Friday, June 14, 2019

Due Diligence and References Please .........Childcare, Petcare and Eldercare

As a realtor and service provider I build my business totally on referrals.   I meet and spend a significant amount of time building a network of trusted service providers and find that the quality of those I refer to are a reflection on me.  I am writing this blog to share my perspective on carrying out this same process for hiring for your personal and domestic needs.  


I am a strong believer in referrals and would not leave anything or anyone I care about with an unknown stranger.   This goes for hiring for both business and personal care.  I also believe you generally get what you pay for and there are certain things that are worth the extra price.  

Often times one needs outside assistance to help with care for childcare, eldercare or pet care.   There was an issue with one company, Care.Com not vetting providers as detailed in the WSJ recently click here.  The company was liable for misdemeanors caused by their providers.  They had left vetting up to the individuals hiring the caretaker although customers paid this company thinking they were doing the screening.   Care.com is redoing their business model.  (of note, at time of this blog I heard a new ad for care.com on xm radio saying they do all the vetting of hires for clients but I would still recommend doing your own due diligence....keep reading)

Before leaving a loved person or pet please do your own due diligence.  You may be able to get personal references for similiar care needs from neighbors and friends for child and pet care.  

It gets more complex with Elder Care as there may be varying levels of physical and health considerations.  Depending on the situation it may be worthwhile to speak with a Gerontologist or someone who can help you find the best type of help for the dependants care.  

I recently went to a talk about this sponsored by Mature Caregivers They provide a wide array of services for this genre including Care, Management, Dementia Care, and advising on in-home vs care facilities.   Situations can change on a dime and plans must allow flexibility to adapt to these changing needs.  A fluidity factor should be part of the consideration when looking at long term care planning.  

Once you have found a caretaker there are transition steps that will need to be addressed whether it is long term or even a quick overnight stint to allow continuity of base level caring.  

I recommend developing a set of questions and define what the proper protocol standards should be to care for your dependent.  Make a list of all the tasks you normally undertake and the normal schedule of things such as feedings, walkings, hygiene habit etc.  Leave a checklist with the care provider and do a short term test run before leaving the dependent for a longer time period.  For example, when my Mom was ill we needed a care provider in her home and I stayed home for the first day to see how she did. I then started to leave for longer stretches of time.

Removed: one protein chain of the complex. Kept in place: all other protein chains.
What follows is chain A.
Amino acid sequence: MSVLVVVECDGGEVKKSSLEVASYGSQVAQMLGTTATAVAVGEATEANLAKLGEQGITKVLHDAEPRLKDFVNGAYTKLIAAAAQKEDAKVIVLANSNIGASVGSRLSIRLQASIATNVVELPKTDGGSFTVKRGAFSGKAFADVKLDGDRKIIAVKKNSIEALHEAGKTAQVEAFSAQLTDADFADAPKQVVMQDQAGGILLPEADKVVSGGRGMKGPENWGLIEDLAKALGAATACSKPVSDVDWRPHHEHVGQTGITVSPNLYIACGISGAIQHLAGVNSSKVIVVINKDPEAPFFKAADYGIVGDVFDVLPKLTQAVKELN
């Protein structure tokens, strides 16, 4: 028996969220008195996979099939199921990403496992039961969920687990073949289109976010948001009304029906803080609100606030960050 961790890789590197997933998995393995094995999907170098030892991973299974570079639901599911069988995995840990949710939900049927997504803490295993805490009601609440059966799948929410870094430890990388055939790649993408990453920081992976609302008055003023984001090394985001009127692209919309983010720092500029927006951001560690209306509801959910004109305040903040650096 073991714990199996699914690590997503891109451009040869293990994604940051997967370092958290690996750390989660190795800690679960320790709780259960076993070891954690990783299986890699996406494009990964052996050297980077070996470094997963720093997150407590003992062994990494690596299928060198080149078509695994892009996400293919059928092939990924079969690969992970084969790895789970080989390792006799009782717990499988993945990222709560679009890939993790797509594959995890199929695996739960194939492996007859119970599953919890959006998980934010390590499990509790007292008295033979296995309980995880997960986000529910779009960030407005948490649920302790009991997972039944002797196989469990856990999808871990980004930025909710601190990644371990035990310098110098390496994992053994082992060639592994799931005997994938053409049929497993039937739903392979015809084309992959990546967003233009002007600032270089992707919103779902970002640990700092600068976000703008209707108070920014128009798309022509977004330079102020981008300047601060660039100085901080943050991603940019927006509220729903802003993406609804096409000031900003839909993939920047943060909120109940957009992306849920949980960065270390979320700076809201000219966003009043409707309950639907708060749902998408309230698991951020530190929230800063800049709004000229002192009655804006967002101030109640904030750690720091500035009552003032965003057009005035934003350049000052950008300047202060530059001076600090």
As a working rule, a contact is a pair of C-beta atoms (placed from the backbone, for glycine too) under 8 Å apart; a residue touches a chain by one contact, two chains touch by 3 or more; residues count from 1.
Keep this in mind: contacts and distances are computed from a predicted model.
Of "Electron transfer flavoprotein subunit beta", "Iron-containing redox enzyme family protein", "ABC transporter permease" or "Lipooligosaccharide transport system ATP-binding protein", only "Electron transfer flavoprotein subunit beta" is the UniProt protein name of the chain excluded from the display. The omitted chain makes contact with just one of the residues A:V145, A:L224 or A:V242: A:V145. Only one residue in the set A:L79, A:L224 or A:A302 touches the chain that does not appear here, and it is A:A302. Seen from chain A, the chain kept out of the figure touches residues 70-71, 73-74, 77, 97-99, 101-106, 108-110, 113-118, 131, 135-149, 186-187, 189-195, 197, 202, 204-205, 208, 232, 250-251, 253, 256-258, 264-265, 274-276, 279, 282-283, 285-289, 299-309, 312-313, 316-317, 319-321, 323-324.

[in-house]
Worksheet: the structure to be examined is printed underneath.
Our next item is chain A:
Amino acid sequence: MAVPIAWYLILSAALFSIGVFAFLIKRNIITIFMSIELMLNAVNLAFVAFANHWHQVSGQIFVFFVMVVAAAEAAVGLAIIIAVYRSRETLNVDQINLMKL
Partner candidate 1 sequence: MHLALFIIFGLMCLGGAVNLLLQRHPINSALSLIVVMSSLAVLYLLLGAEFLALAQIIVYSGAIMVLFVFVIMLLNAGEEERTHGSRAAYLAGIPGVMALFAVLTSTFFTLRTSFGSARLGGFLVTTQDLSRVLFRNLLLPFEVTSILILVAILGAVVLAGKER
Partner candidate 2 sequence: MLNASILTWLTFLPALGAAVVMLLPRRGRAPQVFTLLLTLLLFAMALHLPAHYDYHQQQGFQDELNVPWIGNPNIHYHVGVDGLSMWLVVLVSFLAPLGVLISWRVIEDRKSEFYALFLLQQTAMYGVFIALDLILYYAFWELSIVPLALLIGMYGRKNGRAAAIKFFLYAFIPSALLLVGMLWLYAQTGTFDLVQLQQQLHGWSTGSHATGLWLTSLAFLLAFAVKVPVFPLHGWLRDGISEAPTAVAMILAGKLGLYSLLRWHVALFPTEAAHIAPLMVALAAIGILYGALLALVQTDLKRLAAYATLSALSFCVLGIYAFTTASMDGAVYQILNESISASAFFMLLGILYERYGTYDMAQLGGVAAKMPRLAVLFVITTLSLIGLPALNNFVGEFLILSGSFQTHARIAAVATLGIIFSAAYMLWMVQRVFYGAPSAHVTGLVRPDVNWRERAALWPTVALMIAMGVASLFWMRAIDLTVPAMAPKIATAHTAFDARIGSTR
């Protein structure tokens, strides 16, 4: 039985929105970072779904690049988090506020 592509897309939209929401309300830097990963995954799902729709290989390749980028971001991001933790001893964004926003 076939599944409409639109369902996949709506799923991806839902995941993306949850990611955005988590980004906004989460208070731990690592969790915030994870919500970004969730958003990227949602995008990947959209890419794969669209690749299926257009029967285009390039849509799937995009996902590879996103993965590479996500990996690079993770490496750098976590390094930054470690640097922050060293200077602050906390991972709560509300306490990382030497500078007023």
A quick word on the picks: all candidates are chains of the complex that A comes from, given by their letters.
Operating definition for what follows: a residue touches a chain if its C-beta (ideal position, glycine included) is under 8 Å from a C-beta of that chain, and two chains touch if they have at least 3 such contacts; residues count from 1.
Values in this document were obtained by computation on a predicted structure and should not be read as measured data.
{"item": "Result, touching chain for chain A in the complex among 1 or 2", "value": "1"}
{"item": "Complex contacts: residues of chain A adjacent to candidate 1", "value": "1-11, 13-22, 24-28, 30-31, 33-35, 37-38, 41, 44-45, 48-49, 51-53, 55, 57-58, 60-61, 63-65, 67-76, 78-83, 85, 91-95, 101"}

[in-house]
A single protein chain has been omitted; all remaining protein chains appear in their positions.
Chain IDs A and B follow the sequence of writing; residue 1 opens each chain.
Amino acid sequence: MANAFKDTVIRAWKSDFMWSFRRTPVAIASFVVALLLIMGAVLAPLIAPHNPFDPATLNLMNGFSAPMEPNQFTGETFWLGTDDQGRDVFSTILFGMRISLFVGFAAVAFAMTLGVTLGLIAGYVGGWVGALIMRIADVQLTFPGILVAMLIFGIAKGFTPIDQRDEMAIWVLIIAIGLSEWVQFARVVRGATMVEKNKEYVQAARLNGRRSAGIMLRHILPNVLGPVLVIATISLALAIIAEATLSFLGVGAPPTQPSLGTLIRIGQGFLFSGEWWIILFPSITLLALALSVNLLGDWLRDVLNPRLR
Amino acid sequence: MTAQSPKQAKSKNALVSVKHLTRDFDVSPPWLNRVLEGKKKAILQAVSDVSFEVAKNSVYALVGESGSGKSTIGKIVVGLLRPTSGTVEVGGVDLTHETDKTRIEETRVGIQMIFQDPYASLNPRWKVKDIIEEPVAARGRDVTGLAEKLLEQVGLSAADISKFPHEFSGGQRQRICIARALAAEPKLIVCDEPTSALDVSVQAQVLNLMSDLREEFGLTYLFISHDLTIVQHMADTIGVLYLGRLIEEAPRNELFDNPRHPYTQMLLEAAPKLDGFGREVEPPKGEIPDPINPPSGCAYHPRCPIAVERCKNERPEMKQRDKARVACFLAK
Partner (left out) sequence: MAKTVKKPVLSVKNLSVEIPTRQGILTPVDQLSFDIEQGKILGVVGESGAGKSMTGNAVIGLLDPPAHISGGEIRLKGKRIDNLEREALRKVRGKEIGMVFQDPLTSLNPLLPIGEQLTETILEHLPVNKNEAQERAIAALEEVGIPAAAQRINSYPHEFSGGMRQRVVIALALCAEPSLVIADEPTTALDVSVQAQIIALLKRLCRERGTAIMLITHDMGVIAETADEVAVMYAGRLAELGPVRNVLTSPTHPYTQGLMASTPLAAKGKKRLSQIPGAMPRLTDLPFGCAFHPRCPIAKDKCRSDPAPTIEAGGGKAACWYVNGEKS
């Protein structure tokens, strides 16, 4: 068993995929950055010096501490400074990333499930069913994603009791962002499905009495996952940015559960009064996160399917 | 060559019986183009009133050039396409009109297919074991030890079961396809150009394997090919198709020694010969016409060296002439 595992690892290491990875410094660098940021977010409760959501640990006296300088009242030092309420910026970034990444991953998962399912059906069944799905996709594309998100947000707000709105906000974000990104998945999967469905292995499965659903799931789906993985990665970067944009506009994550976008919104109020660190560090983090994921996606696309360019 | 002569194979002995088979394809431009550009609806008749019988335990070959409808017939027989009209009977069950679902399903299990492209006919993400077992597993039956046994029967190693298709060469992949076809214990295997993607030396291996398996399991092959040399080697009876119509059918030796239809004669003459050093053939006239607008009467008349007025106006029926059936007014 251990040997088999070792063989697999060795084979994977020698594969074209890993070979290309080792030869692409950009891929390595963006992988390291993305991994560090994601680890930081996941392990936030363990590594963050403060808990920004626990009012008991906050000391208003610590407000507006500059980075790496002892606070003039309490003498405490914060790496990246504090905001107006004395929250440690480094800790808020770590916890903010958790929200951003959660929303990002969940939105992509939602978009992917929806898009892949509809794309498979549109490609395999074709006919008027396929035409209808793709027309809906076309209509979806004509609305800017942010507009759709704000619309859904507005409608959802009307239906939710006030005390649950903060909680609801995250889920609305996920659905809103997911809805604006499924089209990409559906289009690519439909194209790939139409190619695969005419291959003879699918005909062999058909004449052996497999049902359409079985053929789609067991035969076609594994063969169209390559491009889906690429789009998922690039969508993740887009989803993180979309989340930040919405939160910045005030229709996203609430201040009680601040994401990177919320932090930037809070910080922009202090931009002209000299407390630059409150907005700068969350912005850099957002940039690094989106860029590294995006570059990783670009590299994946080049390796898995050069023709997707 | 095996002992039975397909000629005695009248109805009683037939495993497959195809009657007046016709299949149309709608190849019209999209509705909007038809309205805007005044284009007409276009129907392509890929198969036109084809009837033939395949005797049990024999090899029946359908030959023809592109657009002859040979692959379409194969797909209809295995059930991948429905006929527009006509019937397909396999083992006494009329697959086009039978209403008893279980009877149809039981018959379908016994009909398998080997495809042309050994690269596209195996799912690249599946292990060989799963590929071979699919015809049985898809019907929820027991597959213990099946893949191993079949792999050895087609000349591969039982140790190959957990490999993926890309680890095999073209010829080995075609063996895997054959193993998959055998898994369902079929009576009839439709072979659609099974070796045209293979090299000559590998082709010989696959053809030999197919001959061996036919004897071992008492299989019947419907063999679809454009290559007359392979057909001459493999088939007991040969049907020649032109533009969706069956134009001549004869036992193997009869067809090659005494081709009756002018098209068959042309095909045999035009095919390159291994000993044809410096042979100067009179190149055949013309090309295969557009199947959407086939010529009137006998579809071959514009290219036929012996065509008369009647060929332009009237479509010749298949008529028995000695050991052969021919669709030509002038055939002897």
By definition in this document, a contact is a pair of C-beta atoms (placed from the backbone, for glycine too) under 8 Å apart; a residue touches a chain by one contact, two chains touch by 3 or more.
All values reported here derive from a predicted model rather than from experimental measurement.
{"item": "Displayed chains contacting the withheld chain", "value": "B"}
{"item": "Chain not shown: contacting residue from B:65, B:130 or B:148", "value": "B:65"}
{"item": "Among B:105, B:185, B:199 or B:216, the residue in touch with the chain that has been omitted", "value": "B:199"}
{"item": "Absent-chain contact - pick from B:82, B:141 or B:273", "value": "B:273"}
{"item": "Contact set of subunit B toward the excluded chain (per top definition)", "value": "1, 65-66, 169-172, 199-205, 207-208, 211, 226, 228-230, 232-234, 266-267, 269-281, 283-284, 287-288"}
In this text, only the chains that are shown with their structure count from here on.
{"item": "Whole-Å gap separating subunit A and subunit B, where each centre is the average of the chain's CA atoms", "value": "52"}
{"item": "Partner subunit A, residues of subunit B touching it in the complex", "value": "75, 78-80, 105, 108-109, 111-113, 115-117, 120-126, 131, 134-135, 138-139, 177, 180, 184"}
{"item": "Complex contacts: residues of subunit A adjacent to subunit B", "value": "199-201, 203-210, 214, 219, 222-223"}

For pets,  there are many apps such as Rover to hire a dog sitter.  How do you trust leaving a pet with someone on an app?    I think it is important to have your pet meet the person first to see how they react to each other.  Dogs are smart and often a good judge of character.   A recent news report has a few suggestions on how to vet dog walkers, click here.  I personally would rather find a dog walker who is reputable by getting personal referrals from friends and neighbors.   There are apps such as NextDoor.com where you can get references from nearby neighbors and people you know.  (Of note,  my dog lets me know who she is comfortable with and I alter who I leave her with if my primary dog-watcher is tied up.)  

On a closing note,  one can never be too safe so do your homework.  Do periodic follow-up once the care provider starts.  Don't be afraid to ask for references.   It may be advisable to request a CORI check.  (I have had to have one done on me for volunteering at a local school).  Making a bad choice can often create a fragile situation for both the intended dependent and future care needs.

Be participatory in the care, even when you are not present.  You need to have the provider realize he/she needs to be held accountable at all times your dependent is in their care. Suggestions may include checking in on the phone and asking neighbors to keep an eye out for unexpected visitors or noise.    It is always better to be safe and precautious.  

Wendy is a Realtor with Coldwell Banker Needham.  She has an SRES and current is the primary caretaker of her dog, Delilah.  She was the primary caretaker for her Mom and has served as a caretaker for her Dad and In-Laws through health and life transitions.  She loves to help people and often provides helpful suggestions for each stage of the life cycle.     

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